Privacy can help, not hinder, customer trust

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Direct marketing thrives on customer trust. Maybe customers don't always know why they trust a business - the products are better or more reliable, or they feel more secure - but customer trust helps drive long-term, profitable relationships. One element of trust we hear more about these days, especially as the promise of personalized marketing develops, is how information is collected and used. And with such increasing information use comes an increase in privacy-related challenges, issues and, yes, opportunities.

As much as customer privacy gets talked about, what do marketers think about privacy concepts? A few recent studies shed light on how some companies approach customer privacy.

Increased collection. A key component of customer privacy is the idea of giving customers notice and choice about your data practices. The Customer Respect Group, a Massachusetts-based research firm, released its Third Quarter 2006 Online Customer Respect Study of Retailers in late August. The report detailed how online retailers stacked up in privacy, communication and marketing to their customers.

While the study found that online retailers are improving their efforts to communicate with customers, it also noted a rise in the types and amount of collected data. More than one-quarter of online retail sites required customers to log in or register before they viewed products or prices. And 20 percent of the companies surveyed required customers to give more than 10 pieces of information about themselves, such as addresses, phone numbers and so on, when submitting a question.

Information is a key ingredient in most marketing outreach programs. Yet the report found that some online retailers did not consistently ask customer permission before using collected data for marketing purposes. Of the firms surveyed, 15 percent used collected customer data for internal marketing without explicit authorization, and 43 percent shared such data with business partners or other third parties without getting explicit customer permission.

A hindrance to marketing? The Ponemon Institute also released a report recently, "What Marketing Professionals Think About the Value of Privacy to Consumers." The study noted that nearly three-quarters of marketers are aware of their company's privacy policies and have reviewed how these policies affect marketing initiatives. But it also found that most of those surveyed viewed privacy as a hindrance to their campaigns.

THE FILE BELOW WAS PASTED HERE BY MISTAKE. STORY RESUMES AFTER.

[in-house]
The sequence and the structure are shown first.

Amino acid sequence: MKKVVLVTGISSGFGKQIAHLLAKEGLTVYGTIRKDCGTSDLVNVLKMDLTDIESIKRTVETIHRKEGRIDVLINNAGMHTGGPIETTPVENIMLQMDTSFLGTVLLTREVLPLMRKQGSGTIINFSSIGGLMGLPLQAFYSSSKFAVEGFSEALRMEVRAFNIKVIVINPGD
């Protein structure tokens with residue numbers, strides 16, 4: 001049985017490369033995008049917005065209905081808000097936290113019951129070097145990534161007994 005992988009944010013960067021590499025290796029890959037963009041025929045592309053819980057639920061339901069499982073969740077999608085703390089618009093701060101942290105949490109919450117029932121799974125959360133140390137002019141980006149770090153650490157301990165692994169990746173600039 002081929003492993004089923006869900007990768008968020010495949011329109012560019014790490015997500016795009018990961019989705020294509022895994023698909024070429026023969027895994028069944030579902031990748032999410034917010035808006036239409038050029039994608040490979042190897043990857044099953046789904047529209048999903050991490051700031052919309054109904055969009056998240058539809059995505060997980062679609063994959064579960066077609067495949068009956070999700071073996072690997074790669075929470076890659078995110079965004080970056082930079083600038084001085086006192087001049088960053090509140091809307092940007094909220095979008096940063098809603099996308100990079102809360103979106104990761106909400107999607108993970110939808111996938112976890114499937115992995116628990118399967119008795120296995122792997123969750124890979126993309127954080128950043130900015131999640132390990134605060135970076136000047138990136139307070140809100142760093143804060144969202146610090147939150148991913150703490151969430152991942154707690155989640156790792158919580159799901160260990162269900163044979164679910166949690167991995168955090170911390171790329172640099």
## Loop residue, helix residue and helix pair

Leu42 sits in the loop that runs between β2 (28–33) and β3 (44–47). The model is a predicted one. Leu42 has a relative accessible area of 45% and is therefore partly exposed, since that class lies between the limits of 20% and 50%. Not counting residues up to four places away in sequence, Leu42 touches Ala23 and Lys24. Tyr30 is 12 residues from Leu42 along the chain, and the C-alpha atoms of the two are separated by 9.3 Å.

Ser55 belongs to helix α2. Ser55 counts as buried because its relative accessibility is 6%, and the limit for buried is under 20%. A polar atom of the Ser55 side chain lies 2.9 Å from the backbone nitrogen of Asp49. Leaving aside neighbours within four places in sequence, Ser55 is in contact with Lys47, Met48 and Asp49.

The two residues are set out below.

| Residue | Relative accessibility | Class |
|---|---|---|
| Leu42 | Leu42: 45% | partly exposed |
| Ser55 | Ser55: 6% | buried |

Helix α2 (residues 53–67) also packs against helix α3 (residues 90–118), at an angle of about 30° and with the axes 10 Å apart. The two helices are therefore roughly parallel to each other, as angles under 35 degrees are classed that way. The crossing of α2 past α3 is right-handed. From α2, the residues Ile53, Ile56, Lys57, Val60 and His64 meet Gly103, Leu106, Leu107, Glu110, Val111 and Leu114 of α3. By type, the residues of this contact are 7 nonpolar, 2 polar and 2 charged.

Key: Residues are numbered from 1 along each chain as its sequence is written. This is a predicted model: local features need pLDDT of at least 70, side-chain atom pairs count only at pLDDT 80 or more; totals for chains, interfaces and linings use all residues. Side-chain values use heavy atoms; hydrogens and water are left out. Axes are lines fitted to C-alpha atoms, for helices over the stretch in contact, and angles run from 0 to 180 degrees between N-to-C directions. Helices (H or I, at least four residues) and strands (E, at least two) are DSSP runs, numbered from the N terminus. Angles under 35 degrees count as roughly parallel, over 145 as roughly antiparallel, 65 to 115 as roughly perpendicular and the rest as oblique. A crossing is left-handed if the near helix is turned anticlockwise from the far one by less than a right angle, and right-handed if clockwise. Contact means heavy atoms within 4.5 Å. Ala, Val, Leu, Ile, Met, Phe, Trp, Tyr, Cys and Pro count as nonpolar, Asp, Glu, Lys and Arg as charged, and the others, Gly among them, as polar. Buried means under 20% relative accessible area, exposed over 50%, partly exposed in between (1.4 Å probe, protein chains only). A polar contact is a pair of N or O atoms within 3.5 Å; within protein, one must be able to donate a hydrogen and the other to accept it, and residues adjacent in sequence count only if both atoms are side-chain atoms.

In the institute's study, 51 percent of marketers said their organization's privacy policies made it harder to market to consumers. Three major reasons were cited: fewer customers to contact, higher costs and the inability to use personalization technology. Also, a majority of respondents thought that customer privacy was only "somewhat" important, if at all.

What responding marketers did consider important, especially in building customer trust, was the ability to personalize marketing. Though the study didn't ask why, we might surmise that by tailoring their outreach to the interests of each customer, companies think they are "giving something back" to customers in exchange for collected data. In that sense, marketers may see a company privacy policy as an impediment, in that it limits the collection of this valuable data. Companies clearly want their customers' trust, yet some view privacy as inhibiting their efforts to build that trust.

Privacy as boon, not burden. Marketers and privacy professionals agree: Customer trust is good, and so is using data to build that trust. Where they diverge, it seems, is how best to use collected data to develop trust. I think both groups can learn something from each other. Marketers are right to recognize the value of customer trust, and customers certainly respond positively to personalized marketing.

However, this isn't the only reason customers have to trust a business. There's also the question of what happens to information once it is collected. As Forrester Research reported, 86 percent of consumers are worried about giving their information to marketers because of privacy and security concerns. Such fears can impede customer trust and loyalty. But the right privacy policies can alleviate this barrier.

"Too many companies fail to understand the strategic significance of privacy within the context of a successful, profitable marketing campaign," Dr. Larry Ponemon of Ponemon Institute said. "Privacy is still regarded as an inconvenience to the marketing community, rather than an opportunity to build strong, long-lasting relationships."

In a forthcoming white paper edited by Chapell & Associates, Ponemon Institute's Responsible Information Management Council will outline how businesses can institute customer privacy to further their marketing initiatives. In this paper and elsewhere, what we increasingly see is that respecting a customer's privacy increases loyalty and trust. Applied properly, that trust can yield a competitive advantage.

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